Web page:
BY GUY CARSON
Markets by their nature are unpredictable but one of the strongest forces over the long term is reversion to the mean. Stocks which outperform in one period tend to underperform in future periods and markets tend to pause or retrace after periods of high gains. With this in mind, last year was one of the best in recent history. In addition, drawdowns were few and far between with the biggest fall being 7%. Again this was in line with the best years in recent history.
Of course the seeds of 2019 were planted in the last quarter of 2018 when markets sold off significantly. As we have previously written this was down to the Federal Reserve pivoting from tightening to easing. The subsequent interest rate cuts are the driving force behind the market moving higher.
We can see the impact of the Fed when we look at earnings over the last year. Earnings per share actually fell 4% in the year to the end of September. This was driven by margin compression whilst revenue rose slightly and buybacks outpaced share issuance.
Rising prices and falling earnings mean that valuations have become more expensive. On almost every measure shares are expensive. Of course, the one aspect that can justify current prices is interest rate and bond prices. As pointed out above, this is the key driver of markets over the last year.
The higher the valuation, the lower the future expected returns. As P/Es rise future returns drop. At the start of 2019, prospects look better due to the 4th quarter pullback in 2018.
However one side effect of the current world we live in is that low interest rates do justify higher valuations. This puts markets at an interesting juncture. There are two key variables in assessing valuations: earnings and discount rates. Discount rates are formed via risk free interest rates combined an equity risk premium.
If the recent softness in earnings continues then markets might struggle to hold their current levels, however if earnings growth returns then valuations could perceiving go higher. This is particularly true if the Fed continues on its current trajectory and rates continue to fall.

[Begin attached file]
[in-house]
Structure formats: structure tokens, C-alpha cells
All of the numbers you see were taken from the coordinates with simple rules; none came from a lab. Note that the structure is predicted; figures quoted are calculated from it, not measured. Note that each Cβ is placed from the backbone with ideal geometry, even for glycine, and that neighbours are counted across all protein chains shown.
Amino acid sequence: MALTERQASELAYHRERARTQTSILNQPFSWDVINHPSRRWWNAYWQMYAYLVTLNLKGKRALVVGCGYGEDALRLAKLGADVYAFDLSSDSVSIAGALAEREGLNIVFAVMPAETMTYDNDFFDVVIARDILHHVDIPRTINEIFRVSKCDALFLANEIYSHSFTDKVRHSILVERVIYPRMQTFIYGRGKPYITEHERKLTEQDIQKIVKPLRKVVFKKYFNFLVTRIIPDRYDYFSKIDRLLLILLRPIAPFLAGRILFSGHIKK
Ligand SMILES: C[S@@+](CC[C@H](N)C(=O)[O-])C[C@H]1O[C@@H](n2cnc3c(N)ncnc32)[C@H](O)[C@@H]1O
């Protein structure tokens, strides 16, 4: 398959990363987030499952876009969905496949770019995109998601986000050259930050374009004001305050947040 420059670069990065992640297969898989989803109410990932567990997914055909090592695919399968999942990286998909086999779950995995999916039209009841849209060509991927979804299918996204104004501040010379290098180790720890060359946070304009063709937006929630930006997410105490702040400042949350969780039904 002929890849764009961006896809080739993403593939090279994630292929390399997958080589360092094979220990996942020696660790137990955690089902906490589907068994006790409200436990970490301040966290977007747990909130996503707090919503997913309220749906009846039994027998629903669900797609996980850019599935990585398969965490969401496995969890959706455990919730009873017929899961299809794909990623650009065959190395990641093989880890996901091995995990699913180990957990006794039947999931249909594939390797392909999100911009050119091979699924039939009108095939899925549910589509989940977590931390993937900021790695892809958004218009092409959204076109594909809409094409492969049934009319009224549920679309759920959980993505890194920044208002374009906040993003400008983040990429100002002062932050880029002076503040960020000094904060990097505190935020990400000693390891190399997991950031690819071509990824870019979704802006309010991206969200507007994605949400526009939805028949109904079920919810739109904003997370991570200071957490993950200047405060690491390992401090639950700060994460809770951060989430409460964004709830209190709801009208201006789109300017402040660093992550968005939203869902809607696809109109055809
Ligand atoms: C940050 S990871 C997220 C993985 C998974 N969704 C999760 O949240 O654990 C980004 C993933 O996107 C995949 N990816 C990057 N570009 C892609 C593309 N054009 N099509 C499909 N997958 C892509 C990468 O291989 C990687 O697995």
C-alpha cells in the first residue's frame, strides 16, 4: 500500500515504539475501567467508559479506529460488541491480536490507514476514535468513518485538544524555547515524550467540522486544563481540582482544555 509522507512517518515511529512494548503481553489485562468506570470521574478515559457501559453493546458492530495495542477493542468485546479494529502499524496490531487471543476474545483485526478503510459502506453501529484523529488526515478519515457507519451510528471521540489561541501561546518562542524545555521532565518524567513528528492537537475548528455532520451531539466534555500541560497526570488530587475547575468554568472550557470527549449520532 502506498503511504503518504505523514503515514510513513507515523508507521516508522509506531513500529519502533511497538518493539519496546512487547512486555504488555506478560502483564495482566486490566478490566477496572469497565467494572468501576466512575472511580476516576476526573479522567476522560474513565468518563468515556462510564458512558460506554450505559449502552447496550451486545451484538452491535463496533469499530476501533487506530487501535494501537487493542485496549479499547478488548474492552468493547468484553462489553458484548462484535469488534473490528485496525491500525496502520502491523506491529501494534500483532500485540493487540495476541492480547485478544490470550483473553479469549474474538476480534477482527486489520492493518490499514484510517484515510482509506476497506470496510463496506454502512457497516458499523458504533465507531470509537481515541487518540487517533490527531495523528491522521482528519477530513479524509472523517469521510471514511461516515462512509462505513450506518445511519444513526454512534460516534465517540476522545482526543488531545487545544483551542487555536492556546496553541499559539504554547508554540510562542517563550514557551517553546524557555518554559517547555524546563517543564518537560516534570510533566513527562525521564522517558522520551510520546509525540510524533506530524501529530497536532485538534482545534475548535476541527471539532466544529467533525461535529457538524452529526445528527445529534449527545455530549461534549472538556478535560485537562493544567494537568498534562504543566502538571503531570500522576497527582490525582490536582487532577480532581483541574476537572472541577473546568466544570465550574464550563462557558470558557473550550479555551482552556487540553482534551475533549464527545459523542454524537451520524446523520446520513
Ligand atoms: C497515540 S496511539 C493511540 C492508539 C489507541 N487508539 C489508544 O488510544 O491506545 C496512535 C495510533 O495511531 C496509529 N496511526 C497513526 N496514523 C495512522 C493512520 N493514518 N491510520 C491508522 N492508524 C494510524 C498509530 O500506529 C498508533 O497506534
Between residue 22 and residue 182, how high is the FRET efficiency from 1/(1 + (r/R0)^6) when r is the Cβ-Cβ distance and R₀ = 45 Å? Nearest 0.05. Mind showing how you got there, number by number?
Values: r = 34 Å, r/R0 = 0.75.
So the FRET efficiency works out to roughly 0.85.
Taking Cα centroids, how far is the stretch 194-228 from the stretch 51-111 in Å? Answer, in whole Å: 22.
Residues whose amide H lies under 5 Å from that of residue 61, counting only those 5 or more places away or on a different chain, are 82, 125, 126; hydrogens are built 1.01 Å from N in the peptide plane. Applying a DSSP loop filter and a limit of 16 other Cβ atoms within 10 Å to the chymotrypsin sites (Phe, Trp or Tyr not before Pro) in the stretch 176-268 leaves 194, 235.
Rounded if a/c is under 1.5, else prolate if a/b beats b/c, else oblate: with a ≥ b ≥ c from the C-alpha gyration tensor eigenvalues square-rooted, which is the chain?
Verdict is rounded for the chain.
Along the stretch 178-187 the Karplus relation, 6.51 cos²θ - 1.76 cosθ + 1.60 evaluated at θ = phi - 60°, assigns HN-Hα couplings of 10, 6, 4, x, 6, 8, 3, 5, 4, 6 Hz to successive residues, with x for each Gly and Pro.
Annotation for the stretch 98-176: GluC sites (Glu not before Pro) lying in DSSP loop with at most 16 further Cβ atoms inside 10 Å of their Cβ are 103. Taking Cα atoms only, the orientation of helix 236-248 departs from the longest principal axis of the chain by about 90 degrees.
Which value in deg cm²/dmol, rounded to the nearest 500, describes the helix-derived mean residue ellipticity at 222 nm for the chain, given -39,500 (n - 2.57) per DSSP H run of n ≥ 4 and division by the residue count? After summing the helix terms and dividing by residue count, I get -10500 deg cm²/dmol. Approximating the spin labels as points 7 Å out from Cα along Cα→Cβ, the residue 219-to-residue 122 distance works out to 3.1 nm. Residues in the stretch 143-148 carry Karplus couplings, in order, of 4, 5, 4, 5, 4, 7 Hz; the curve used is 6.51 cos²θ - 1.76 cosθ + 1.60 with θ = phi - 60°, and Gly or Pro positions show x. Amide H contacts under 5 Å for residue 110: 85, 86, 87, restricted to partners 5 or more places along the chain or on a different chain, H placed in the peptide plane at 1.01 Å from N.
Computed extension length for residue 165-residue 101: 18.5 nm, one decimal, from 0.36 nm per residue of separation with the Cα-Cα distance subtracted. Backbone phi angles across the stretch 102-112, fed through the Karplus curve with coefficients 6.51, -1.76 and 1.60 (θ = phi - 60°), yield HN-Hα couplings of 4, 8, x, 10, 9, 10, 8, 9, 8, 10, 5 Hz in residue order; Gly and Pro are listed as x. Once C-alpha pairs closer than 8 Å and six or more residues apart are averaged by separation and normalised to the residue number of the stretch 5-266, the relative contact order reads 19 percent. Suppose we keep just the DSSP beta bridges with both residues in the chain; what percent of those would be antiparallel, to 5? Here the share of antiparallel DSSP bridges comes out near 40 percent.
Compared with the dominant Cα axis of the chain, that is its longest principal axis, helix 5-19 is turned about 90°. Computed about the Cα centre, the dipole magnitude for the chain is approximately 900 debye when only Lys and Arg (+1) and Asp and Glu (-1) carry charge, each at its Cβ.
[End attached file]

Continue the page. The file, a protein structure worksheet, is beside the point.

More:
Looking at the overall market P/E doesn’t tell the full picture. One of the big stories under the surface of this market has been the dispersion between value and growth. This is most notably true at the smaller end of town where valuations are a long way above historic averages.
In addition, Private Equity valuations have risen to the point where research firms such as Bain & Co are pointing to a private market premium as opposed to a discount. Investors are paying more for Private Equity in order to reduce the volatility of the portfolios and driving private valuations up. Investors such as Calpers CIO Ben Meng have said they need more exposure to Private Equity and “we need it now”.
This market has faced a trade war, an impeachment, falling earnings and an inverted yield curve. Despite all this the market continues to drive higher and post new highs. Under the surface dislocations are appearing. There is one reason behind it all: the Fed. And whilst we would never recommend “fighting the Fed”, these are definitely times to be circumspect. Small cap growth stocks and Private Equity are showing signs of excess whilst more traditional value strategies are struggling. Reversion to the mean has always been a powerful force in financial markets and we expect this to hold. However, in the short term trends can last longer than expected. As a result, 2020 shapes as an interesting juncture for financial markets.